A second shock to my self-important yappy mind was that, when I was put out of commission for a couple weeks, the world insisted on keeping on turning. In fact, it got along quite well without many of the Very Important and helpful tasks that I had planned to do, and whose planning is always trying to claim precedence over attention to the breath when I sit in zazen. That’s humbling. In fact, I got to be on the big-time receiving side of the care of the universe, in the form of hospital folks, housemates, colleagues, and friends.

A third lesson from this experience came about from the keen attention I needed to give to my body over the next several weeks. In kinhin (walking meditation), we are told to put our attention on every step. Recovering from a fractured pelvis, I did kinhin every time I walked. This has led me to wonder about the old stories of Chinese Zen masters sometimes beating their students. Where did they aim their stick? I can’t think of anything that would get a stubborn student to attend to every single breath more quickly than a bruised rib!

So, then, I went on a retreat, doing kinhin with a cane and meeting, as I said, my yappy Chihuahua mind. In my state of heightened body-awareness, I was particularly struck by these stanzas from “The Heart of True Entrusting”:

This heavy burden weighs you
down—so why keep judging “good” and “bad”?
If you would walk the highest Way
do not reject the sense domain.

For as it is, whole and complete,
the sense world is enlightenment.
The wise do not strive after goals, but
fools still bind themselves with thought.

The One Way knows no diff’rences,
the foolish cling to this and that.
To seek Great Heart with thinking
mind is certainly a grave mistake.

Three things followed. The translation of “sesshin,” the word we use to refer to a retreat, is “to touch the heart-mind.” The first insight was that this is not a metaphor.

The second thing that happened was that the 4th Great Vow, “The Buddha Way is unsurpassable. I vow to embody it,” stuck with me on leaving the retreat. The emphasis has been on the word “embody.”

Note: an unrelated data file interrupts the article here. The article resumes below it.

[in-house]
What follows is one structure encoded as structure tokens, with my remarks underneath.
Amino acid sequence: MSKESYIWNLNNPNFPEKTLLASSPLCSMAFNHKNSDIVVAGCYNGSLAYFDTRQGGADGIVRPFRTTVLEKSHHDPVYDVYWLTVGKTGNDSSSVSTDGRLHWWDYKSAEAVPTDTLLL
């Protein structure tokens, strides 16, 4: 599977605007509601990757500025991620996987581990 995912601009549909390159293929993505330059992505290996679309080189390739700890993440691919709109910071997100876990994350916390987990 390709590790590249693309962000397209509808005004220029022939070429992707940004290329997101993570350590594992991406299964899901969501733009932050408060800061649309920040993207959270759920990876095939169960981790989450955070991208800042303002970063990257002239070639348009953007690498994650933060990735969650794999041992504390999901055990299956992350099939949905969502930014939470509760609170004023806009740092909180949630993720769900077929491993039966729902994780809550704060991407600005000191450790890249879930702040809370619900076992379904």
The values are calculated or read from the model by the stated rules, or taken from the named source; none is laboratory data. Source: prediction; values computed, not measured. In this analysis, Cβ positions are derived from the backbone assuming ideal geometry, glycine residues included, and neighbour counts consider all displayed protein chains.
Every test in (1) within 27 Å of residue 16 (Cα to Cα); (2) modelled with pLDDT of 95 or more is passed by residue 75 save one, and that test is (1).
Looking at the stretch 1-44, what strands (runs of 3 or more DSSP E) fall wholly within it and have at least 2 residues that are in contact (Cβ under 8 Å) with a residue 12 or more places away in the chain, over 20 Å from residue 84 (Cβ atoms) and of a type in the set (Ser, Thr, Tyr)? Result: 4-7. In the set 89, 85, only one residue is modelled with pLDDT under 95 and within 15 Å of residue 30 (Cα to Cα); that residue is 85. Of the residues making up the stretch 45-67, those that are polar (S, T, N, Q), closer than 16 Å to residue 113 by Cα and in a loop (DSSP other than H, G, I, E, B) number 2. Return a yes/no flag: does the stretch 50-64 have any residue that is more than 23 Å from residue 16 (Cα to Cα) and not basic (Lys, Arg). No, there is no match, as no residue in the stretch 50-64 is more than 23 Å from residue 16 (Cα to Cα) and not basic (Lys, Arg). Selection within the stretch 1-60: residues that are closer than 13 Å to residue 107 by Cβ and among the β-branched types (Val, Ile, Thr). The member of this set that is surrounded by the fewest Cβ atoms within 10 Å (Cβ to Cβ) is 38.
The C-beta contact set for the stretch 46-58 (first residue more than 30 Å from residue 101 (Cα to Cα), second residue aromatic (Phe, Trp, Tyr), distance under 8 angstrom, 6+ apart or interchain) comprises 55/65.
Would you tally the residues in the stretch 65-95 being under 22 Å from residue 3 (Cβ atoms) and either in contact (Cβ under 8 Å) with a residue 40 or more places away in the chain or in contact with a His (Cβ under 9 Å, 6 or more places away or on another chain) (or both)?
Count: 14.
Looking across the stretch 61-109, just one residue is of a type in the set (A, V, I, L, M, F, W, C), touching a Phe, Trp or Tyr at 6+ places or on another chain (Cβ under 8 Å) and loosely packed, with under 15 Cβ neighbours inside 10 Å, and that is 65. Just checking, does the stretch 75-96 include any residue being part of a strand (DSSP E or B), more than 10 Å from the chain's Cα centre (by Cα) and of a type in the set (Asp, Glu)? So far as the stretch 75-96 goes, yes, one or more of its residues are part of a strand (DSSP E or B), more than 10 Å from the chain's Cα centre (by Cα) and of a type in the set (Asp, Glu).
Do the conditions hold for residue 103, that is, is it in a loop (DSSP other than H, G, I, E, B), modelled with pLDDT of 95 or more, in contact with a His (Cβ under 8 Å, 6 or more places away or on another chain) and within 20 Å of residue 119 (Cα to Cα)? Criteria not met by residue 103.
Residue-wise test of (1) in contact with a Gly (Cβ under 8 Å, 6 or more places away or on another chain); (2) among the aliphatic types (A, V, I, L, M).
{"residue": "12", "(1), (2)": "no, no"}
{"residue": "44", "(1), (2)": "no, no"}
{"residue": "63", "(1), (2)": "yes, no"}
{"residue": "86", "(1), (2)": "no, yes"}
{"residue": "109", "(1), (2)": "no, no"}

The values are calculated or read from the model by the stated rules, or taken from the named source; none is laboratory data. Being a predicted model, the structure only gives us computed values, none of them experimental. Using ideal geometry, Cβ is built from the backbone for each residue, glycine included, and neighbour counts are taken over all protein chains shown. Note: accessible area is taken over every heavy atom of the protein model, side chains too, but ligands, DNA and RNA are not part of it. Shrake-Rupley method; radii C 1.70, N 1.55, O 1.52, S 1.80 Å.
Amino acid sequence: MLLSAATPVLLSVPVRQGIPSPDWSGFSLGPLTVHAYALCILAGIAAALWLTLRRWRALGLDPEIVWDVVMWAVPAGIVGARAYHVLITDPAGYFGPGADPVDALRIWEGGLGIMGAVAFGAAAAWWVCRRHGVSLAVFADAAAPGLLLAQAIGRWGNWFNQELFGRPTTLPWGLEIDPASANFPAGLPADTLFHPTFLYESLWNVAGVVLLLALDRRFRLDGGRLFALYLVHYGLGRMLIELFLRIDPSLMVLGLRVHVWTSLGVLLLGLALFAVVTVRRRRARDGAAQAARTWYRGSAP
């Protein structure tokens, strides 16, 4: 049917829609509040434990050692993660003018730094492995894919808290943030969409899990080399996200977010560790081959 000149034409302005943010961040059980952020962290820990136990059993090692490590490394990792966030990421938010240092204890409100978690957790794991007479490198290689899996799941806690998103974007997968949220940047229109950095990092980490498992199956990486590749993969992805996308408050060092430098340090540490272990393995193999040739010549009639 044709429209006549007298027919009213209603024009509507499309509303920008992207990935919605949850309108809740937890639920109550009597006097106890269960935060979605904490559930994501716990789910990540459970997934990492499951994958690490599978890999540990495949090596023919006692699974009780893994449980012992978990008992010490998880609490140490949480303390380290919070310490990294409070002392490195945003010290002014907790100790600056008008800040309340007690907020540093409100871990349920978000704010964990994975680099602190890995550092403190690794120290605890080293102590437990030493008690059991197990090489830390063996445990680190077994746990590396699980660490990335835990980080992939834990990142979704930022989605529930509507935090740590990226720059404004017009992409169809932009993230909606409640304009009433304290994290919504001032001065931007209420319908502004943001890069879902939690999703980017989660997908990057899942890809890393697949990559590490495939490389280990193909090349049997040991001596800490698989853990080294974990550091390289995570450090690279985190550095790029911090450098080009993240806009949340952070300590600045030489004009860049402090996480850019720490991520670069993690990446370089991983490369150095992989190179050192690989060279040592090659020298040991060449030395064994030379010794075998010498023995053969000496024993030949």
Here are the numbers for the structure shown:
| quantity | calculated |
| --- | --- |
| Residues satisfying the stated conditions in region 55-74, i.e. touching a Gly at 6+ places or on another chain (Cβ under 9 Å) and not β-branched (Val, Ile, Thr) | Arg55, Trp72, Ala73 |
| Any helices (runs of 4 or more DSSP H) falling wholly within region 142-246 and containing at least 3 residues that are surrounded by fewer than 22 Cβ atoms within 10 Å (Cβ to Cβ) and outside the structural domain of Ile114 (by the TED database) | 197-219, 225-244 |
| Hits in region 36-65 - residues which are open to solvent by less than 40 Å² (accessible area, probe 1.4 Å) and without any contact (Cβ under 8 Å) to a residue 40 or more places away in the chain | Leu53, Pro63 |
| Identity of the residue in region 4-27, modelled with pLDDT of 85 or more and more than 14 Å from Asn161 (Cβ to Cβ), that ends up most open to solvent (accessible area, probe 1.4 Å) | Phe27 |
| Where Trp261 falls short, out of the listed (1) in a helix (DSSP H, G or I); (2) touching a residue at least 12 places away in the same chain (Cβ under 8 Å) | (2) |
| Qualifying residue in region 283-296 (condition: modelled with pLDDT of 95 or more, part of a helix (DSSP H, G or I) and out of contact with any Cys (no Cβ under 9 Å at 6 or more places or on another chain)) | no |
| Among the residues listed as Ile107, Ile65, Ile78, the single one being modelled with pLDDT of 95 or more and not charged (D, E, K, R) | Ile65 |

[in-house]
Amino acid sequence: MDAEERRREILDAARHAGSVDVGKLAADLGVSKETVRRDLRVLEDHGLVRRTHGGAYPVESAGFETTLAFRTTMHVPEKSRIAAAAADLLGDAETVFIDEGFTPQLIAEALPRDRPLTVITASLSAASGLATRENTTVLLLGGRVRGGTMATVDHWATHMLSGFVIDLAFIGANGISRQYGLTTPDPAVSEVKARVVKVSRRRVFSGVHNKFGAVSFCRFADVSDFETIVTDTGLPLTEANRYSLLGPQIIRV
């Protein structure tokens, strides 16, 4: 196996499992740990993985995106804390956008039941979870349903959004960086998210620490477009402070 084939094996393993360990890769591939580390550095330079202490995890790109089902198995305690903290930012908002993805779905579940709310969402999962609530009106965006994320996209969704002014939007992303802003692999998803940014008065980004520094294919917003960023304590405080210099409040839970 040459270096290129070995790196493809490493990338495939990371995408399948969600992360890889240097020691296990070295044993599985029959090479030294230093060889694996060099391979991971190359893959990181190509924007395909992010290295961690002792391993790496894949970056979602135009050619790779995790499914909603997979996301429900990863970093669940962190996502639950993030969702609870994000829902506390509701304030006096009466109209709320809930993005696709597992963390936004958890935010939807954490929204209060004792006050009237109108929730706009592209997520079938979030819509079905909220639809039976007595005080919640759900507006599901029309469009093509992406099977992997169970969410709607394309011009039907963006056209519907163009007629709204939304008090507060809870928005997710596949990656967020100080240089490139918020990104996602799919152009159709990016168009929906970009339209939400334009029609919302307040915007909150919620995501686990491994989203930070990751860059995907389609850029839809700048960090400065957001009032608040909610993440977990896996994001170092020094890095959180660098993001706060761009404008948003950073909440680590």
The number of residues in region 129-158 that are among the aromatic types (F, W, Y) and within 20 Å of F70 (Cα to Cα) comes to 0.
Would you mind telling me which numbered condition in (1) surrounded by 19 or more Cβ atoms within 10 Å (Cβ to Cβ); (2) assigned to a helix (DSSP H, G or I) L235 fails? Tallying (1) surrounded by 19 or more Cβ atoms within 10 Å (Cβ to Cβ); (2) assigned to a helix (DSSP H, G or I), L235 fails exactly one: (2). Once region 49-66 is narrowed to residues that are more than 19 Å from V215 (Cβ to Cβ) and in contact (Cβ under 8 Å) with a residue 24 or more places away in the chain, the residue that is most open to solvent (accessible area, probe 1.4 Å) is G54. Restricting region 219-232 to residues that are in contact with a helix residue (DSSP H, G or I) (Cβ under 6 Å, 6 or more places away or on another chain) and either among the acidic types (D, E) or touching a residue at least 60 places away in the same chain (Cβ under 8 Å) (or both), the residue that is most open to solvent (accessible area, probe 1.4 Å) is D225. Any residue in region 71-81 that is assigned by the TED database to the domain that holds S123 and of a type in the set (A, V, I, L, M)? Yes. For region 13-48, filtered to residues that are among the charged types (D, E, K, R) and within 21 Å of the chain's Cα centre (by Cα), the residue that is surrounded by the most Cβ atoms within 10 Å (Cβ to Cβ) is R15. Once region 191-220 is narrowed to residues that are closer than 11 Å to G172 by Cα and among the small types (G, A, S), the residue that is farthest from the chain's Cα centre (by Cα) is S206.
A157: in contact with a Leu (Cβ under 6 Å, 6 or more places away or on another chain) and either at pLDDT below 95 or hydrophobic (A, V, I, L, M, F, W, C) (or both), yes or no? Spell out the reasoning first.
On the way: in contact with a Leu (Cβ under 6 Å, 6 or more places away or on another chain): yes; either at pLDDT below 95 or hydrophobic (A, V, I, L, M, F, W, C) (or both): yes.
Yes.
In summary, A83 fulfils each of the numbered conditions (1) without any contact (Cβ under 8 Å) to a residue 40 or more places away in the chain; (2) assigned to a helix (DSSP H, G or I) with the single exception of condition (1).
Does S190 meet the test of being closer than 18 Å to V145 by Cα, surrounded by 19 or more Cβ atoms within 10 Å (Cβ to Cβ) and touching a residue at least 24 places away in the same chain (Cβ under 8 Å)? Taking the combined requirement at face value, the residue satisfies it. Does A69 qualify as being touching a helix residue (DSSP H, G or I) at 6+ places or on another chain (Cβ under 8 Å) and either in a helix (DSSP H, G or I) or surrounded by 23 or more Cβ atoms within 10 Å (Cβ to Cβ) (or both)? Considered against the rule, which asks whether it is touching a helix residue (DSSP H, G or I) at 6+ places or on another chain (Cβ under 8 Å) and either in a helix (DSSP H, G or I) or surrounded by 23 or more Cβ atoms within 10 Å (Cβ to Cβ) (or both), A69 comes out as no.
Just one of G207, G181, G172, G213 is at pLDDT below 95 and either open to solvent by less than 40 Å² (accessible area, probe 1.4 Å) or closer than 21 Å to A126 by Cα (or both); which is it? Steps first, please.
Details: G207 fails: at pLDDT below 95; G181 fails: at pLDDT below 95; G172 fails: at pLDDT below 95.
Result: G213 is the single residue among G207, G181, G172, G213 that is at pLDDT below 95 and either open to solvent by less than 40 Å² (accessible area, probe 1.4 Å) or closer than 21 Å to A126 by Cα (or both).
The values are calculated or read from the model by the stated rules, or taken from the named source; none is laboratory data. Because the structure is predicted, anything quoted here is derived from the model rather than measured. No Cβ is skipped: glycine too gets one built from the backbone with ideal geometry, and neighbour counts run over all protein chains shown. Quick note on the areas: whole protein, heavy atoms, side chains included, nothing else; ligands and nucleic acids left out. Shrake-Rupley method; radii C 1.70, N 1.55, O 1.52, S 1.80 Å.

The third happened a few days later, at home. I find that I always gravitate towards “mentalizing” zazen practice. I get tempted again and again to think of meditation as a quest to achieve some particular kind of mind state. I get to thinking that I’m supposed to train my Chihuahua mind to become quieter and more peaceful. I believe that I’m supposed to talk my Chihuahua mind into seeing the reasonableness and the helpfulness of doing meditation practice. My yappy Chihuahua mind, while it puts up a show of resisting, is actually secretly quite happy with this program. It gets to remain the center of attention! “Yap! Ok, we’ll get quiet now. Quiet! Quiet! … Yap! Dang, a thought. Bad doggie, bad doggie!” and on and on. The resulting battle just creates more self-hate, more selfing.

I found myself, one morning shortly after sesshin, imagining a quite different conversation. I “heard” my body and senses—the mass and weight and auditory and visual receptors settling in, just then, on the cushion—tell my Chihuahua mind, “We’re about to do something wild and crazy! We’re about to do something that you won’t understand at all. But we’re going to do it anyway!” This was a friendlier, more accepting approach. I could pat the little doggie on the head, and accept it as part of myself, while—for at least the next 25 minutes—not completely buying into its feeling of self-importance. I could start to see something bigger.

For as it is, whole and complete,
the sense world is enlightenment.

(Based on a talk given a the Greater Boston Zen Center, April 8, 2017)





Author: Julie A. Nelson

Julie A. Nelson is a writer on gender, ethics, economics, ecology, and Zen; a Professor of Economics, Emeritus; a Dharma Holder and Teaching Coordinator at the Greater Boston Zen Center; and mother of two grown children.

One thought on “Yappy Chihuahua Mind”

  1. Lovely. Thoughtful. When my mind body appears most often while doing yoga, i experience great joy deep in the core of me. A peaceful, centered joy filled with gratitude.Thank you for your wisdom Julie. I am grateful for your healing. I don.t ride a bike because i fear cars. You are brave.Best, Linda

    Sent from my Sprint Samsung Galaxy S7.